• By scheduling regular meetings in which homeowners can interface with their government officials
  • By providing guest speakers who address key issues that impact member communities
  • By providing meaningful input regarding major issues (traffic, environment, zoning, etc.) through advisory groups
  • By hosting educational forums on referendums and the platforms of political candidates

Most municipalities now have websites with links to Neighborhood Associations. They are more than willing to provide your Association with visibility on their website.

Benefits of Connecting to Local Government

Your involvement with your municipality should not be limited to matters such as rules and regulations, speed limit enforcement or neighbor disputes. A great way to connect with your local government is to participate in community promotions. The Fort Lauderdale City Commission, in working with Neighborhood Associations, has created the Community Appearance Board (CAB). In an effort to promote an aesthetic environment , CAB publicly recognizes projects that positively affect the geographic area of the association through the Community Appearance Awards. Another great incentive in the Fort Lauderdale area that involves both the municipality and the homeowners is the WOW Awards program. The monthly WOW Award is presented in recognition of residential properties located throughout the city that contribute to the aesthetic appeal of their respective area. The monthly winner, which is selected by CAB Board Members, is commended for maintaining a home that represents excellence in its exterior beauty, style and landscaping.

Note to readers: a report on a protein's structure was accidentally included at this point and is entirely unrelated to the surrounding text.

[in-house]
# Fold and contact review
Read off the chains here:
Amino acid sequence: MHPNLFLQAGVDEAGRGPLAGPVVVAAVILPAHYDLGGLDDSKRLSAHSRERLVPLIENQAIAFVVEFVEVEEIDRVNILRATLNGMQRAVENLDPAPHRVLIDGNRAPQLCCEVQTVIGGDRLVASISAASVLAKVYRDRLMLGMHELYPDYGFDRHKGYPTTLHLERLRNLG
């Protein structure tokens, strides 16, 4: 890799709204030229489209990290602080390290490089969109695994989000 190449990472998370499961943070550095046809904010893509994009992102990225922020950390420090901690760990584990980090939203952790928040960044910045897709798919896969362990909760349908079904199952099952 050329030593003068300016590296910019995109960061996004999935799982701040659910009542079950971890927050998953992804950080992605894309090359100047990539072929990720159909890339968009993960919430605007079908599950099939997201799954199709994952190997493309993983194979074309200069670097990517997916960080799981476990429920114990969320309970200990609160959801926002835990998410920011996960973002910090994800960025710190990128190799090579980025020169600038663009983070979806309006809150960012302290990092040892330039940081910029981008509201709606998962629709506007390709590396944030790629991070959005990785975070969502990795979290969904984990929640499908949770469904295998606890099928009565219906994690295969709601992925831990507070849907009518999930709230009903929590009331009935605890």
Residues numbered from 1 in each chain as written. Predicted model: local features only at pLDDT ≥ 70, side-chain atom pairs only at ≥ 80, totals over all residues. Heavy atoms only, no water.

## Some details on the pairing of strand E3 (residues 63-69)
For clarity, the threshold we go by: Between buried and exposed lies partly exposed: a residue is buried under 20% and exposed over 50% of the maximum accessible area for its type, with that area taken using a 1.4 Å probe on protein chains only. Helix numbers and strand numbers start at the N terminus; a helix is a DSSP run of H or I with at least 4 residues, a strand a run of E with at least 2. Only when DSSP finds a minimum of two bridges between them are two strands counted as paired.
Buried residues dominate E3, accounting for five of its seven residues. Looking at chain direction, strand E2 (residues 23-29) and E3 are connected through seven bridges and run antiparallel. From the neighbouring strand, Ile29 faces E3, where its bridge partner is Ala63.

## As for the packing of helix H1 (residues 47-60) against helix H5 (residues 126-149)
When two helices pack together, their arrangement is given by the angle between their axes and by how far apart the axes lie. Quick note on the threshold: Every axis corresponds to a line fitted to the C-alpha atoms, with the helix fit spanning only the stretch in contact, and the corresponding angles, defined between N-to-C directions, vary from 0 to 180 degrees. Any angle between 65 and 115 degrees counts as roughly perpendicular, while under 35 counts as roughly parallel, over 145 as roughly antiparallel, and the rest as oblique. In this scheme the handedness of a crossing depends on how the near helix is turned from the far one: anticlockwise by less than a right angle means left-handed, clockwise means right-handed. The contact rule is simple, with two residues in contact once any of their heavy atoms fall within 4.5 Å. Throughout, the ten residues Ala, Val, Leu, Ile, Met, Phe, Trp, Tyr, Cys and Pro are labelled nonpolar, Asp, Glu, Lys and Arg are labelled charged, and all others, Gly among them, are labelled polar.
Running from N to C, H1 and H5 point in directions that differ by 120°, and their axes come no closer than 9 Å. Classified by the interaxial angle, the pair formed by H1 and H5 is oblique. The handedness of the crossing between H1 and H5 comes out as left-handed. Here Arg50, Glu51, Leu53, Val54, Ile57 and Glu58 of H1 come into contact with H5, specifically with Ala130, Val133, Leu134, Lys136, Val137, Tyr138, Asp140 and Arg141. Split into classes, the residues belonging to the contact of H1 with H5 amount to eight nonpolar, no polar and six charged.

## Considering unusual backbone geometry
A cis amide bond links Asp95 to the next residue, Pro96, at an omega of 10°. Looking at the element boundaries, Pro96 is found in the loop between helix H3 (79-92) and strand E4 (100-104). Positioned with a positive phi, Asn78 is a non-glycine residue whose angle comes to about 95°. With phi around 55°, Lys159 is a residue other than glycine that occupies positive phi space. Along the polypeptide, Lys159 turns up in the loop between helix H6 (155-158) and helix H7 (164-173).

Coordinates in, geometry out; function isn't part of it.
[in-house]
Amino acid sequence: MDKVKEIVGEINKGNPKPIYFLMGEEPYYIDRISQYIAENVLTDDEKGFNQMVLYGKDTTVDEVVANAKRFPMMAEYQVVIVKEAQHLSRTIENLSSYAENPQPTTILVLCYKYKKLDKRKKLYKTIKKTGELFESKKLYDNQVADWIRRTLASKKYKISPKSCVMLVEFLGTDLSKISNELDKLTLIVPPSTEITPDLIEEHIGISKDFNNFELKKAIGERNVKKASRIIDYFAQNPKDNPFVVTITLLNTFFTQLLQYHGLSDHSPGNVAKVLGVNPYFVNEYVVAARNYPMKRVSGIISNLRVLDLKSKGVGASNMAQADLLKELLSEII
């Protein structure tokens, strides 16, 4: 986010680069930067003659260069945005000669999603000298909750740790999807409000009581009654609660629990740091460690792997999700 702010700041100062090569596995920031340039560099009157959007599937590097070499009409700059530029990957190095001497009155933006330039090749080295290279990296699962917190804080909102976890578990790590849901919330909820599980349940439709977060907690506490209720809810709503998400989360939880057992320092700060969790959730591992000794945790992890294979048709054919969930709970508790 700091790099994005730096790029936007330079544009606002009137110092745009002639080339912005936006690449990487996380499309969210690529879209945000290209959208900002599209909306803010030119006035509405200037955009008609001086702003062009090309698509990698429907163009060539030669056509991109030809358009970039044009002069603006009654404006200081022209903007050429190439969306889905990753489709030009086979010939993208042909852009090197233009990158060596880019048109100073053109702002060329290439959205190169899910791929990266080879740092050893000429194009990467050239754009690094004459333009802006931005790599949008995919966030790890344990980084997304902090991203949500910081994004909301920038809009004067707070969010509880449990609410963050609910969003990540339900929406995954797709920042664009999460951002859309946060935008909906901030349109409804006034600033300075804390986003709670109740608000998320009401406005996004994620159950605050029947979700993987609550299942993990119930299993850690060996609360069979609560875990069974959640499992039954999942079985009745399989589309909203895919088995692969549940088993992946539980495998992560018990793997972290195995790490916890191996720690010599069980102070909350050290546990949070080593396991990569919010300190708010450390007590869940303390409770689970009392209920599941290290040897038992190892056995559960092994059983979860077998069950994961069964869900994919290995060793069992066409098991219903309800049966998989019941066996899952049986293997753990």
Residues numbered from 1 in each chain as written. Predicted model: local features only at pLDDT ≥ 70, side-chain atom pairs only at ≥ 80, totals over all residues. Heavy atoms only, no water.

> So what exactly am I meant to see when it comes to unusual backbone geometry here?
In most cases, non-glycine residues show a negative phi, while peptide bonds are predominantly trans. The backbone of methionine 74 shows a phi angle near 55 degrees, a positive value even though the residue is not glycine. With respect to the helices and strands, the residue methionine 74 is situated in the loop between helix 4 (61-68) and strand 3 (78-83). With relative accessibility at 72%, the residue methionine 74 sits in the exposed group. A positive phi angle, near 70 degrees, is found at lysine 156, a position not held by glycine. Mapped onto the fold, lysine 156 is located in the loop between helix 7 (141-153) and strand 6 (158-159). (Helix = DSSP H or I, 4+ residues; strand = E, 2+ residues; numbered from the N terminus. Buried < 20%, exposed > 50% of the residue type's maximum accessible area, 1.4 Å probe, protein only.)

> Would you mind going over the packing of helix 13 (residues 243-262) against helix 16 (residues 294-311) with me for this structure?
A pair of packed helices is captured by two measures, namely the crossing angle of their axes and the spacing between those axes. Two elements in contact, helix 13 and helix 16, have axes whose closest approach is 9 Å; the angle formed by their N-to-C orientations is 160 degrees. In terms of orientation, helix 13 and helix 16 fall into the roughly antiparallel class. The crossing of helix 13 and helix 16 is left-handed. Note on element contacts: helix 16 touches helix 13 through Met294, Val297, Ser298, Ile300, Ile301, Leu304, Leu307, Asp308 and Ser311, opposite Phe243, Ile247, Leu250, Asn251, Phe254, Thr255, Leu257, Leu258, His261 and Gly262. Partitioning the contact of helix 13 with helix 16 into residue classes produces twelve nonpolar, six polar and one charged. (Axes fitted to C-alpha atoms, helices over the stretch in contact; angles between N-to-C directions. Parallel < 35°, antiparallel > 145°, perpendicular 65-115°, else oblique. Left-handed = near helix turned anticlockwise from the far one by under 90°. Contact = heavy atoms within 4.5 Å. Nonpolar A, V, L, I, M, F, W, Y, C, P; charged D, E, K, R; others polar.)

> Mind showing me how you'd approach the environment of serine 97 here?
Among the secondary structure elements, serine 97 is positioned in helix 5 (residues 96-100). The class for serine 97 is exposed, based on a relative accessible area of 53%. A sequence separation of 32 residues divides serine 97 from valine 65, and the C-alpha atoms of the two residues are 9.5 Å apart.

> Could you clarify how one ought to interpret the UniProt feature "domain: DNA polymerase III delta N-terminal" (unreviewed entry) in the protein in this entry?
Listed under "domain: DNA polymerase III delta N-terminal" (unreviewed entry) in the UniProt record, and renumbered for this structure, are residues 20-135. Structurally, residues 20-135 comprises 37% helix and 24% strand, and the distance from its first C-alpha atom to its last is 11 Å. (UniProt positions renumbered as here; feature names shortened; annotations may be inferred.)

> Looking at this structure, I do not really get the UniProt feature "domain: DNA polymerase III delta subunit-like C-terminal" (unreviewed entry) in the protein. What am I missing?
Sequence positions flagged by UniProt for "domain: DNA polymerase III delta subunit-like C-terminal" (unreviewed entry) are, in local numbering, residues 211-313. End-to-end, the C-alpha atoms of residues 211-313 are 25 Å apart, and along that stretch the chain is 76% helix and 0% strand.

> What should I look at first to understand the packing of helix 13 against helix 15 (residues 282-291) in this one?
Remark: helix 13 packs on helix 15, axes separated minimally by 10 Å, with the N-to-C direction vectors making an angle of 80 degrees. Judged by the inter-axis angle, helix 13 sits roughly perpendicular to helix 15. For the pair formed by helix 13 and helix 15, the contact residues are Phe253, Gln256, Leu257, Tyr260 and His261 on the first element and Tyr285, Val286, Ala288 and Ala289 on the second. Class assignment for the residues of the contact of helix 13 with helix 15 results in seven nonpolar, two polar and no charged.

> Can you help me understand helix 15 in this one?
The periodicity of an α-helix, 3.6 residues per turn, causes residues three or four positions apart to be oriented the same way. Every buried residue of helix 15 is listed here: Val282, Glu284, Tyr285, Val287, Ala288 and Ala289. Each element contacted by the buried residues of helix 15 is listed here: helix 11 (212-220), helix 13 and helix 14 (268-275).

If your Association has a new Board of Directors or if the association has been in existence for a while, chances are you will, in time, need the expertise and assistance of your local government. Take the initiative today to connect with your local government and reap the many rewards of careful planning, diligent oversight, and neighborly cooperation.

Source: Association Times